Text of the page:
By Mary Johnson, Social Security and Medicare Policy Analyst
The Senior Citizens League's (TSCL) latest study on Social Security Buying Power found that the average person who retired before 2000 (those age 85 and older) would need an extra $516.70 more per month ($6,200 in 2023) than he or she is currently getting just to maintain the same level of buying power as in 2000. In fact, Social Security benefits have lost 36% of their buying power since 2000.
Inflation is moderating, but a lower rate of inflation doesn’t necessarily mean that bills will slow down or that older households will see some improvement in household budgets, at least not right away. Our study confirms that the prices consumers pay simply aren’t growing as fast as a year ago. On the other hand, declining prices are pointing to a significantly lower Social Security cost-of-living adjustment (COLA) for next year of 3.1%.
In 2022, our Social Security Buying Power research, which compares how well COLAs keep pace with typical senior costs over time, found that Social Security benefits lost 40% of buying power since 2000. That was the deepest loss in buying power since the start of this study in 2010. This year, the study found that the loss of buying power moderated by 4 percentage points to 36%. But that is still one of the deepest losses recorded by this study, exceeded only by 2022.
Our study compares the growth in the COLA since 2000 with increases in the price of 38 goods and services typically used by retirees over the same period. This year buying power was most impacted by the sharp increase in food items, electricity, rental housing, repair, maintenance of vehicles, and a stunning 16% increase in the cost of dental care. Topping our list of fastest-growing items? Eggs!
Our study examines expenditures that are typical for people ages 65 and up, comparing the growth in the prices of these goods and services to the growth in the annual COLAs. It includes cost increases in Medicare premiums and out–of–pocket health care costs that are not tracked under the consumer price index currently used to calculate the COLA - the Consumer Price Index for Urban Wage Earners and Clerical Workers (CPI-W).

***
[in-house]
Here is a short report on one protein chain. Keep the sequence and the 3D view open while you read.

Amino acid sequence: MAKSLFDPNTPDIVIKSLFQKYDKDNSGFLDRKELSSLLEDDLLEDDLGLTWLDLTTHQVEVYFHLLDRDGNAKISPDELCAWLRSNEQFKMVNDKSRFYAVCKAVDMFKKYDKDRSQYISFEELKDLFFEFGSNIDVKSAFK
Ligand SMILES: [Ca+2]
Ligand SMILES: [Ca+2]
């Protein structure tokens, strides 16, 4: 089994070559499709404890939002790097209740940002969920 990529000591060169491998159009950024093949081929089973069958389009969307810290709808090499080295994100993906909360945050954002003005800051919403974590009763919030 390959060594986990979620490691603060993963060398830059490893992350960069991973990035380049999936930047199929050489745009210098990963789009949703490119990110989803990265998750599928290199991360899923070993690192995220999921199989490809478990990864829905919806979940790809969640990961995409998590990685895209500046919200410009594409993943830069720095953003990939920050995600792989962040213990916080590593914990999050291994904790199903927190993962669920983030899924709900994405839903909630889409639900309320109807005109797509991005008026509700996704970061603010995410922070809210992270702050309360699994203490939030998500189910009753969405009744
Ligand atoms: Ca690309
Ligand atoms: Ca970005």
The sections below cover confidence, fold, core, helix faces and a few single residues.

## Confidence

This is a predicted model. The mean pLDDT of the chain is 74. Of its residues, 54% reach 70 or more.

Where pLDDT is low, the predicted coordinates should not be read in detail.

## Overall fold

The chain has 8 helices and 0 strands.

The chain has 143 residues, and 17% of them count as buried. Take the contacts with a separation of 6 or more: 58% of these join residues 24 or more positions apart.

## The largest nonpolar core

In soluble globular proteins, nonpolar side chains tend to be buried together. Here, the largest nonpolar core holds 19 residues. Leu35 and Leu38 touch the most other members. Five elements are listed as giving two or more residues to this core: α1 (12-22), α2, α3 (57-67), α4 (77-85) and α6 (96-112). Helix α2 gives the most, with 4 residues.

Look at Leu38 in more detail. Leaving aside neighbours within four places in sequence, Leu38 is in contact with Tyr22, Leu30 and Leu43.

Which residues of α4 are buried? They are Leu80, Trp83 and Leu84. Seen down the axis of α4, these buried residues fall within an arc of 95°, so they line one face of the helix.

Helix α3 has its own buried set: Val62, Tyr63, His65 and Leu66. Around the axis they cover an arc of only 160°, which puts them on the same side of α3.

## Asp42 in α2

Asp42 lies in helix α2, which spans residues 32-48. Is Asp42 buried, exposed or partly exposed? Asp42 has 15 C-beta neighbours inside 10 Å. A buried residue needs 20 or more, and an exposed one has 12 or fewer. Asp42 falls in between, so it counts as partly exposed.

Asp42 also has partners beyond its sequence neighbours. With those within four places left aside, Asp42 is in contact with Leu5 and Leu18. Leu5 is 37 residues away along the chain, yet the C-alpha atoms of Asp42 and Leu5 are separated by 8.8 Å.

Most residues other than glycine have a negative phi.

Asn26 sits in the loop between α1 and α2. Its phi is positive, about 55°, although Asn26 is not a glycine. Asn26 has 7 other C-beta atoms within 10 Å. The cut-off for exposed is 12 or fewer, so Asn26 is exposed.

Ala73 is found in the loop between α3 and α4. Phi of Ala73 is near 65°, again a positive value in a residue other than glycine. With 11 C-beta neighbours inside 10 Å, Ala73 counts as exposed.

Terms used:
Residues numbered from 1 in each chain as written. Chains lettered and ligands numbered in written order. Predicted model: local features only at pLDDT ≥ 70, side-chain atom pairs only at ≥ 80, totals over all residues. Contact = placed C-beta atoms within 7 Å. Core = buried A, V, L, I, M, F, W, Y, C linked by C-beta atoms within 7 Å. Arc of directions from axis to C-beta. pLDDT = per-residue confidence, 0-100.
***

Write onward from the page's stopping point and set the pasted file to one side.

The study found that, since 2000, COLAs have increased Social Security benefits by a total of 78%, yet typical senior expenses through February of 2023 grew by 141.4%. The average Social Security benefit in 2000 was $816 per month. Due to COLA increases, that benefit grew to $1,453.20 by 2023. But because retiree costs are rising so much faster than the COLA, this study found that a Social Security benefit of $1,969.80 per month, $516.70 more per month than currently paid, would be required just to maintain the same level of buying power as in 2000. The following table illustrates the top ten fastest-growing costs for older consumers from March 2022 to February 2023.
Social Security benefits do not buy as much today as in 2000. For every $100 of goods or services that retirees bought in 2000, they could only buy $64 worth today.
TSCL supports four reforms to protect the buying power of Social Security benefits:
- Provide a modest boost to the benefits of all retirees, to better protect them from falling into poverty and to strengthen retirement income.
- Tie the annual COLA to a seniors’ consumer price index such as the Consumer Price Index for Elderly (CPI -E). This index tends to show inflation growing at a modestly faster rate than the CPI-W in many years.
- Guarantee a minimum COLA of no less than 3%. The guarantee is especially important in years when inflation goes negative, and no COLA is payable at all.
- Adjust the income thresholds that subject Social Security benefits to taxation for inflation to allow beneficiaries to keep more of their benefits.